What Is Post-Hypnotic Amnesia?

Post-hypnotic amnesia occurs when a hypnosis subject is unable to recall earlier events as a result of hypnosis. Usually these events are restricted to those that occurred within the hypnosis session itself. The memories themselves are still intact.

Post-hypnotic amnesia can be induced intentionally by the hypnotist making a suggestion during the hypnosis session. It can also be induced by the hypnotist utilizing the Zeigarnik Effect to close off the subject’s memory of events inside the hypnosis session.

The main reason for inducing post-hypnotic amnesia is to prevent the hypnosis subject from undoing the changes created during the hypnosis session before they can set into long-term memory.

Post-hypnotic amnesia can be permanent, although it is far more common for it to be temporary.

Reasons to use post-hypnotic amnesia

Quite often, hypnosis is used for purposes where recalling the details of the session would inhibit the very reason for the session. This happens in hypnotherapy, where the subject may attempt to undo the changework if they are aware of what was done. And it happens in stage hypnosis, where the entertainment may depend on the subject not knowing.

Post-hypnotic amnesia in hypnotherapy

One of the biggest problems encountered by hypnotherapists is that the subject will attempt to unravel the change. There are numerous reasons for this, but they all have the same result: If the subject is successful, they can neutralize the effects of the hypnotherapy.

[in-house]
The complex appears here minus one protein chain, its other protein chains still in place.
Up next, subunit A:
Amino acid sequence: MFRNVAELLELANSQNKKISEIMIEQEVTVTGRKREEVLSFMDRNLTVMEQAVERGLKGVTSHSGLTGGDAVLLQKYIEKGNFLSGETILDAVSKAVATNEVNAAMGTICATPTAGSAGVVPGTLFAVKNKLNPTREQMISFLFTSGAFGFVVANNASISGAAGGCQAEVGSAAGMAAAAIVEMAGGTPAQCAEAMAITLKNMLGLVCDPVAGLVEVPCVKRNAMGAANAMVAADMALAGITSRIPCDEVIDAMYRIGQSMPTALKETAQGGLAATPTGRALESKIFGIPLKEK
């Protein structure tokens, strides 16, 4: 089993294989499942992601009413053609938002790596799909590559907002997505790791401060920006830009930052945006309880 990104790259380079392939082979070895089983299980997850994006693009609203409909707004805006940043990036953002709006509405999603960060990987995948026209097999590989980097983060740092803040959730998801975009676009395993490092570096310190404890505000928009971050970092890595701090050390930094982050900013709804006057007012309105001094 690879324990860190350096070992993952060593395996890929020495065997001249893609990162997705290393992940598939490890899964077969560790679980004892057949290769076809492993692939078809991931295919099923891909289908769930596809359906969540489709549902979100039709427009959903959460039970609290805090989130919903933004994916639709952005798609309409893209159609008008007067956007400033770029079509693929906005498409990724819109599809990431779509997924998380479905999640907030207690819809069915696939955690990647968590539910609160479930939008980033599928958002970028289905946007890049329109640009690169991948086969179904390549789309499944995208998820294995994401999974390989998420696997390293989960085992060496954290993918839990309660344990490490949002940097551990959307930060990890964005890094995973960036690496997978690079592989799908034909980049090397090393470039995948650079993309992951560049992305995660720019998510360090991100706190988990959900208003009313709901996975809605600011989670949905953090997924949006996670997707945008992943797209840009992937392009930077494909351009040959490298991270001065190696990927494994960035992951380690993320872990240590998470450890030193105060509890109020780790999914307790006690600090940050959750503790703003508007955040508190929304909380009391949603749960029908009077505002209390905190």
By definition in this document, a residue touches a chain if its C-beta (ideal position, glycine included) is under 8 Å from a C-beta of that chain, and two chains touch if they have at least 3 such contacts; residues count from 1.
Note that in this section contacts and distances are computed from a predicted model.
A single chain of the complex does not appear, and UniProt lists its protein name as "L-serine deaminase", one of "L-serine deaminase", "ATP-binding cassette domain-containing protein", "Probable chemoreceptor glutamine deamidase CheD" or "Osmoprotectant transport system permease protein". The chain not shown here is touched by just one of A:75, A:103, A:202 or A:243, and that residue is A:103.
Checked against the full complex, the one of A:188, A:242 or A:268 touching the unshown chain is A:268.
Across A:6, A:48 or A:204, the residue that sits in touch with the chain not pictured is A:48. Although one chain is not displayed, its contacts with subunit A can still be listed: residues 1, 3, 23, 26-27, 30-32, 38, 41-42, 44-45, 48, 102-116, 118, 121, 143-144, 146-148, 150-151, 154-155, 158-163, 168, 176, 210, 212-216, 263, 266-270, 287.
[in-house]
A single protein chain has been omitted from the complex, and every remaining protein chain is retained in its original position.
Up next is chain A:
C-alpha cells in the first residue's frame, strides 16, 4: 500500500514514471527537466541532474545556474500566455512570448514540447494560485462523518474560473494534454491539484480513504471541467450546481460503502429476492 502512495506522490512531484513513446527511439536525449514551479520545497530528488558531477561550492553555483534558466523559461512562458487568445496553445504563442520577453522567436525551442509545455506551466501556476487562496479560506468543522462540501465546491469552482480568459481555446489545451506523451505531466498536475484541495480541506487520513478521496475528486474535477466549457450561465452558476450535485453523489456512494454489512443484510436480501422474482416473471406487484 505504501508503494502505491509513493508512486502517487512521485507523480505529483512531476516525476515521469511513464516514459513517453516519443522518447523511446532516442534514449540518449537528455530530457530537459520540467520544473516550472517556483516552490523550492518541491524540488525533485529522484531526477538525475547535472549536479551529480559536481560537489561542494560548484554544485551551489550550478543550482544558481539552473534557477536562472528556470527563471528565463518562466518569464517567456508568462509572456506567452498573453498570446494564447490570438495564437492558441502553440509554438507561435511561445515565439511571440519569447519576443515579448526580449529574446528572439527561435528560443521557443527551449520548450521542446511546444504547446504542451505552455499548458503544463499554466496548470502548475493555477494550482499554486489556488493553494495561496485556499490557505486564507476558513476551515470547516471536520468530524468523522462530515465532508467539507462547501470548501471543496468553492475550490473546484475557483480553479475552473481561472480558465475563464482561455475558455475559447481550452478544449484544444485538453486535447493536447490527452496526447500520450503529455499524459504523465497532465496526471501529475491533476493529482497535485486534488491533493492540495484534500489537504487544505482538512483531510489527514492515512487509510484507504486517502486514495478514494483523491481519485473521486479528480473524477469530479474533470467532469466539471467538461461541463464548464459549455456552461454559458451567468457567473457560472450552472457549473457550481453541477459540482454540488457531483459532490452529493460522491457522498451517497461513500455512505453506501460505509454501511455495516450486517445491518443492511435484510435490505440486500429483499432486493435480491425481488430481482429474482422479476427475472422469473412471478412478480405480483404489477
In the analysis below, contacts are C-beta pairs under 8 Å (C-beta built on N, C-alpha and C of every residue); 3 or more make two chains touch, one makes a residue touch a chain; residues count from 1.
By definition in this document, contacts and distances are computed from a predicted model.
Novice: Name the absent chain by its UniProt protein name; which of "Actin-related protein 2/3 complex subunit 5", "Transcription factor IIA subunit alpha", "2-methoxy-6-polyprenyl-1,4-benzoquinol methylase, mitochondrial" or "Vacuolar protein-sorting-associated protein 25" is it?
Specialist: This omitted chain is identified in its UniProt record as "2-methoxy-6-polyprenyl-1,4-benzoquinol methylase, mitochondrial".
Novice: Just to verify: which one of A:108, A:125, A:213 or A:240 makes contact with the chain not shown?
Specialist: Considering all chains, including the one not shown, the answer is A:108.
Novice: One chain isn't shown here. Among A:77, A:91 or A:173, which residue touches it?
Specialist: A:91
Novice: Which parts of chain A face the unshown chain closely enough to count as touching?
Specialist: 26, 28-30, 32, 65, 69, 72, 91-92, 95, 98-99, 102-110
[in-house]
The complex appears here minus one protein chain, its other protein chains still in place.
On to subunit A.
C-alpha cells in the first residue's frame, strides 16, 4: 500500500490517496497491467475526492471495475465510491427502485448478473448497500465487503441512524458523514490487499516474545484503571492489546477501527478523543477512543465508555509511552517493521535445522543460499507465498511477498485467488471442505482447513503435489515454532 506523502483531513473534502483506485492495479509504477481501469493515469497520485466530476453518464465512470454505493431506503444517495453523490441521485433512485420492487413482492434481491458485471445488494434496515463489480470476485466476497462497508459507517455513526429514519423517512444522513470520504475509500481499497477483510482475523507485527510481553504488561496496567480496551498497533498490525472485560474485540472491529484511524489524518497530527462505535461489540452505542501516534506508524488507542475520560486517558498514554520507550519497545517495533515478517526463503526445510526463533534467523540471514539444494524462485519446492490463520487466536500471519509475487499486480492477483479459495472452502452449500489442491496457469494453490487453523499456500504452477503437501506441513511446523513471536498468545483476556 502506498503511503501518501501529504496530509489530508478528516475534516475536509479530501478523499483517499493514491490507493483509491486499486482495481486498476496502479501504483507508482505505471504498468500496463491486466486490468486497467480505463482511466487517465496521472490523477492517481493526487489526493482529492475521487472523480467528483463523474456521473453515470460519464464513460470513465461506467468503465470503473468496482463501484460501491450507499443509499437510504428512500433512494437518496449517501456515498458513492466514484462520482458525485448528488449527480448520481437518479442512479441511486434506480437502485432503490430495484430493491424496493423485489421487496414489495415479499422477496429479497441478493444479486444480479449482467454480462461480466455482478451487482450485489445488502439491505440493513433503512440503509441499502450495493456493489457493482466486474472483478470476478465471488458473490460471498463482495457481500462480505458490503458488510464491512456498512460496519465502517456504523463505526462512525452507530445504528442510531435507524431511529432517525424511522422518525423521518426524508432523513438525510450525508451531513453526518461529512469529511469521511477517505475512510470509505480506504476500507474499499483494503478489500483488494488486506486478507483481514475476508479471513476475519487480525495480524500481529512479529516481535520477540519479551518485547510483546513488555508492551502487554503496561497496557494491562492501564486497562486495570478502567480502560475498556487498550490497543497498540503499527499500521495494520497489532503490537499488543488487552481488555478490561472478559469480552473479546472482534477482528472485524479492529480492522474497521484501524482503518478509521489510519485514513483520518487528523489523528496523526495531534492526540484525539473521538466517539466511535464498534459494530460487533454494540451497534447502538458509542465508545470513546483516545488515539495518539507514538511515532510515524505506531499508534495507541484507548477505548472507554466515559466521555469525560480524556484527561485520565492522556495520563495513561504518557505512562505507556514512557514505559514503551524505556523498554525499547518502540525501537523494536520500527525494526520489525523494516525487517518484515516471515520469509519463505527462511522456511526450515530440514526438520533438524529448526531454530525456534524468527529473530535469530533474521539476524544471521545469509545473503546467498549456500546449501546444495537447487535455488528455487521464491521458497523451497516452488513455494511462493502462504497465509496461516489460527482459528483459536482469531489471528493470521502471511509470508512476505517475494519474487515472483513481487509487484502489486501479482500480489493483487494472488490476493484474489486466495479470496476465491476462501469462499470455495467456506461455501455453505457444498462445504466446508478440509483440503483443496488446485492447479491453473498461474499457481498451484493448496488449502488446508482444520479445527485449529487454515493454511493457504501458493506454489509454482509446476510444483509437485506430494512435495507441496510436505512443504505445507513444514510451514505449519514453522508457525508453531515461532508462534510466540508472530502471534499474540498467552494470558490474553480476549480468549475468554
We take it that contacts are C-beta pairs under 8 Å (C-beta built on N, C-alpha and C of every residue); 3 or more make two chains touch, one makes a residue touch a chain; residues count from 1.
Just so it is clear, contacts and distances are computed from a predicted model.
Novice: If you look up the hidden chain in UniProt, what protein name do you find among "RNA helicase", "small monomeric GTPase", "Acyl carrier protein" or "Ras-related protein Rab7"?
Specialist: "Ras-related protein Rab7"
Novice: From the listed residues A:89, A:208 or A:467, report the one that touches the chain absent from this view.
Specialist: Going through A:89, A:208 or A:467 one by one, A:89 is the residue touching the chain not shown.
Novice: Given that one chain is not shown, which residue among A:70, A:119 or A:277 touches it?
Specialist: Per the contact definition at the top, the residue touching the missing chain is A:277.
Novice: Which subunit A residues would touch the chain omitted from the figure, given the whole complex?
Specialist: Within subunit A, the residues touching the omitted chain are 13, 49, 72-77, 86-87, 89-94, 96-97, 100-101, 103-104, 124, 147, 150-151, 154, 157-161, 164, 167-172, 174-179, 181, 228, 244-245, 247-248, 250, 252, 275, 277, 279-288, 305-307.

To counter this, hypnotherapists will sometimes give suggestions that the subject will not recall any details of the session until some time afterwards. This gives the changes a chance to take root in the subject’s mind, resulting in a higher chance of success.

There is also a school of thought that hypnotherapists should never attempt to block someone’s memory of a session.

There are two competing things going on here. First, as with every other profession, hypnotherapists exist on a sliding scale of skill. There are some hypnotherapists who can get change without inducing post-hypnotic amnesia. There are others who can’t.

Not only that, but many hypnotherapists will encode the change inside covert hypnosis. When we do this, less amnesia is required since the subject generally won’t know what caused the change anyway.

And second, regardless of everything else, it is known that memories remain fluid for a few hours after they’re created or accessed. When we induce post-hypnotic amnesia, it genuinely does give the changes (which are essentially new memories) a chance to properly embed themselves in the subject’s mind.

Ultimately, what it comes down to is that the subject has paid for a change to be made. If the hypnotherapist can do that without inducing amnesia, that’s awesome. But if they can’t, and they do get the results when they induce amnesia, the customer still gets what they paid for.

Post-hypnotic amnesia in stage hypnosis